Physical Trade Infrastructure - ADB
Physical trade infrastructure is one of the pillars of ADB’s RCI strategy published in 2006. ADB recognizes that the competitiveness of Asia’s trade—and of its increasingly sophisticated production networks in particular—depends on efficient, fast, reliable, and seamless infrastructure connections. Vast parts of Asia—inland and remote areas, landlocked countries, and distant islands—are isolated economically as well as geographically; so much of the region’s huge potential remains untapped. In 2009 ADB and ADBI published a book on the required infrastructure for the region up to 2020. The study finds that between 2010 and 2020, Asia needs to invest approximately $8 trillion in overall national infrastructure. In addition, Asia needs to spend approximately $290 billion on specific regional infrastructure projects in transport and energy that are in the pipeline. Of these regional projects, 21 high priority projects that could be implemented by 2015 at a cost of $15 billion have been identified. The successful implementation of these high-priority projects and their wider regional benefits would create a strong drive toward further strengthening regional infrastructure networks. This amounts to an overall infrastructure investment need of about $750 billion per year during this 11-year period.
Some projects have also been spelled out in more recent subregional strategies. For instance, the Action Plan included in the CAREC Transport and Trade Facilitation Strategy 2020 focuses on various infrastructure projects: about 24,000 kilometers (km) of roads, 20,000 km of railways, and 28 border crossing points along CAREC corridors; two ports (Aktau in Kazakhstan and Baku in Azerbaijan) and a shipping route (400 km between Aktau and Baku); and 41 airports with international air services. The Action Plan includes the priority investment and TA projects to develop infrastructure, upgrade technology, and improve management through policy reforms and capacity strengthening. There are 62 investment projects with an estimated cost of $21.1 billion. The investment projects comprise 40 new projects with an estimated cost of $15.8 billion and 22 ongoing projects with an estimated cost of $5.3 billion.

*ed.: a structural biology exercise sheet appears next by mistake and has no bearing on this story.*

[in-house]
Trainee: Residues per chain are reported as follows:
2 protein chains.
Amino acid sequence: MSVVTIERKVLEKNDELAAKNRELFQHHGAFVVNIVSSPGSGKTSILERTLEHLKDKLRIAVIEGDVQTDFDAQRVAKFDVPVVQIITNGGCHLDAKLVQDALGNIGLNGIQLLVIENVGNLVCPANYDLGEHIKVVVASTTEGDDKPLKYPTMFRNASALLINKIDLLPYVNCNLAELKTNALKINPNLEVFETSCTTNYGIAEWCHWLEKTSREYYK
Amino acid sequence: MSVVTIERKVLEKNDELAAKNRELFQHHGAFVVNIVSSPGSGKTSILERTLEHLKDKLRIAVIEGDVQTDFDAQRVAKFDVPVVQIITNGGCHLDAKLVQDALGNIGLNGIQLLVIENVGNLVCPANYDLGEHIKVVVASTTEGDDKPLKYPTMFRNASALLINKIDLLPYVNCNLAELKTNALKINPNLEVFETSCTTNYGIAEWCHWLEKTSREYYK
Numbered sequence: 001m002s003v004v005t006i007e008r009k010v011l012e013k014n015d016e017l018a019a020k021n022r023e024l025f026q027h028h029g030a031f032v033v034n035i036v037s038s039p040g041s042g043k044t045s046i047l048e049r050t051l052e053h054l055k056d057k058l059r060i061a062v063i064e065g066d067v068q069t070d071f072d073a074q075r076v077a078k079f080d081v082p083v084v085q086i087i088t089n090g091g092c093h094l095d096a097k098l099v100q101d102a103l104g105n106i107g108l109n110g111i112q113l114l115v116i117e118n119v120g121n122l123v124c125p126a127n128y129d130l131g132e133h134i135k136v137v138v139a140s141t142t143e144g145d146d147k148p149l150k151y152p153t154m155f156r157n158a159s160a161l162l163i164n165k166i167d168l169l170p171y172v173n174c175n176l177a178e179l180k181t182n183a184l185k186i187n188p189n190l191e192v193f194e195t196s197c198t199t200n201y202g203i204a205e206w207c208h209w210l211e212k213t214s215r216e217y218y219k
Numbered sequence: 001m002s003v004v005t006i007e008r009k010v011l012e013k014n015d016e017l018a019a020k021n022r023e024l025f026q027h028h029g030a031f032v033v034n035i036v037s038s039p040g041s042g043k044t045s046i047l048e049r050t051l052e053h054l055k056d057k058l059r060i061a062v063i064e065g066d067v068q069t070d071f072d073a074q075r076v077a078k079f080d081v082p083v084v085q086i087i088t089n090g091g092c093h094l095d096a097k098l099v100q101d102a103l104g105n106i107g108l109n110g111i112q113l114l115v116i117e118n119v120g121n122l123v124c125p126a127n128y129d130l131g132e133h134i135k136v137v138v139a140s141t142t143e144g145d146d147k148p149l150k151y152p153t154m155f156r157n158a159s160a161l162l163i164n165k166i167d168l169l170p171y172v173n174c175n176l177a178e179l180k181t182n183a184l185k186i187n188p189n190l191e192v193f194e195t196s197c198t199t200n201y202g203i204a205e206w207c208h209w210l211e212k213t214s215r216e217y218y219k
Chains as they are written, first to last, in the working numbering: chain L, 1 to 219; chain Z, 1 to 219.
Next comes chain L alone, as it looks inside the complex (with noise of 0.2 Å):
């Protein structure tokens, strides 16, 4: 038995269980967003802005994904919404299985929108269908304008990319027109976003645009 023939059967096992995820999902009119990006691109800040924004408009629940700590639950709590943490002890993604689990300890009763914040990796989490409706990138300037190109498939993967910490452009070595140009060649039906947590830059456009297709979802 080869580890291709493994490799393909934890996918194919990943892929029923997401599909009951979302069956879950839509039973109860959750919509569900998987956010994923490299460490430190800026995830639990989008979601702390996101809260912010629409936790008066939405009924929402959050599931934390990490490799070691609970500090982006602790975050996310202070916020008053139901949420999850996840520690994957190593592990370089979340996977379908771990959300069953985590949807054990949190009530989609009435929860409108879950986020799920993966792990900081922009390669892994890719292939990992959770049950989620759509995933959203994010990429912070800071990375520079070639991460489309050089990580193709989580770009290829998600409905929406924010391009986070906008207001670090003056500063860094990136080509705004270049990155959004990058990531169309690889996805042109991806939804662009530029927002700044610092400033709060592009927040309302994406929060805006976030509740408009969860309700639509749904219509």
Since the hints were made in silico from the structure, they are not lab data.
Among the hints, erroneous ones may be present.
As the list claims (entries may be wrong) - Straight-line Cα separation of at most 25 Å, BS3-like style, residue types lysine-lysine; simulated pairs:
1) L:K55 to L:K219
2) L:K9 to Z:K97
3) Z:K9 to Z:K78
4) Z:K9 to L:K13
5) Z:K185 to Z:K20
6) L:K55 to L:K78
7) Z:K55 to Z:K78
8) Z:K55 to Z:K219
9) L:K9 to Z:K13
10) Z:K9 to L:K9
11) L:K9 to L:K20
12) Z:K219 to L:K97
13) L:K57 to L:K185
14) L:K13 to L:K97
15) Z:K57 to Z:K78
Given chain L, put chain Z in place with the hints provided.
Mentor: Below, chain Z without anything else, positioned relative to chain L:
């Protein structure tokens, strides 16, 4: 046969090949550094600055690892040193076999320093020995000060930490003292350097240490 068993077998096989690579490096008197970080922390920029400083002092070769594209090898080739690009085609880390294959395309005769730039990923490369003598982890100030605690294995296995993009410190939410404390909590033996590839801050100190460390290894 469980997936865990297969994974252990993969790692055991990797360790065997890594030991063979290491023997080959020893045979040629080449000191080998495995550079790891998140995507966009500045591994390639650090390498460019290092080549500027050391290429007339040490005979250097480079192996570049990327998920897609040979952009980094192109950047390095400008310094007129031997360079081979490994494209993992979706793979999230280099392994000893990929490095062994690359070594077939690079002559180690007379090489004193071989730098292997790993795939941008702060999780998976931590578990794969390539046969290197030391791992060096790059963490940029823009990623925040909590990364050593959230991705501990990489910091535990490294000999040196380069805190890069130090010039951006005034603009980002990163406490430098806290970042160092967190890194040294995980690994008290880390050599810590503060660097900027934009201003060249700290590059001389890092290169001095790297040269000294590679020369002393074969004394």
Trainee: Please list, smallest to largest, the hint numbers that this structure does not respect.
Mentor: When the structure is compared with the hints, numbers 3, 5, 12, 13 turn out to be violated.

More than 1,200 years ago, during the Tang Dynasty, merchants in Yunnan, People's Republic of China (PRC) began forging trade routes to carry the region’s aromatic tea and other goods to the far corners of Asia. One of these southern caravan trails cut through what is today Luang Namtha Province in the Lao People’s Democratic Republic (Lao PDR), and across the Mekong River into Thailand. Today these routes are being revitalized. The 2008 completion of the ADB-supported Route 3 Highway in the Lao PDR, stretching from Boten at its northern border with the PRC to Houayxay in the south, coupled with the 2013 inauguration of the 4th Thai-Lao Friendship Bridge spanning the Mekong River, are bringing new life to this ancient trade route, and communities all along the corridor. The general impact has been a much freer movement of people and goods, and new businesses are being developed as a result.
For more information:
- Energy: www.adb.org/sectors/energy/main
- Transport: www.adb.org/sectors/transport/main
- Urban development: www.adb.org/themes/urban-development/main
- Water: www.adb.org/sectors/water/main
 ADB and ADBI. 2009. Infrastructure for a Seamless Asia. Manila: Asian Development Bank and Tokyo: Asian Development Bank Institute.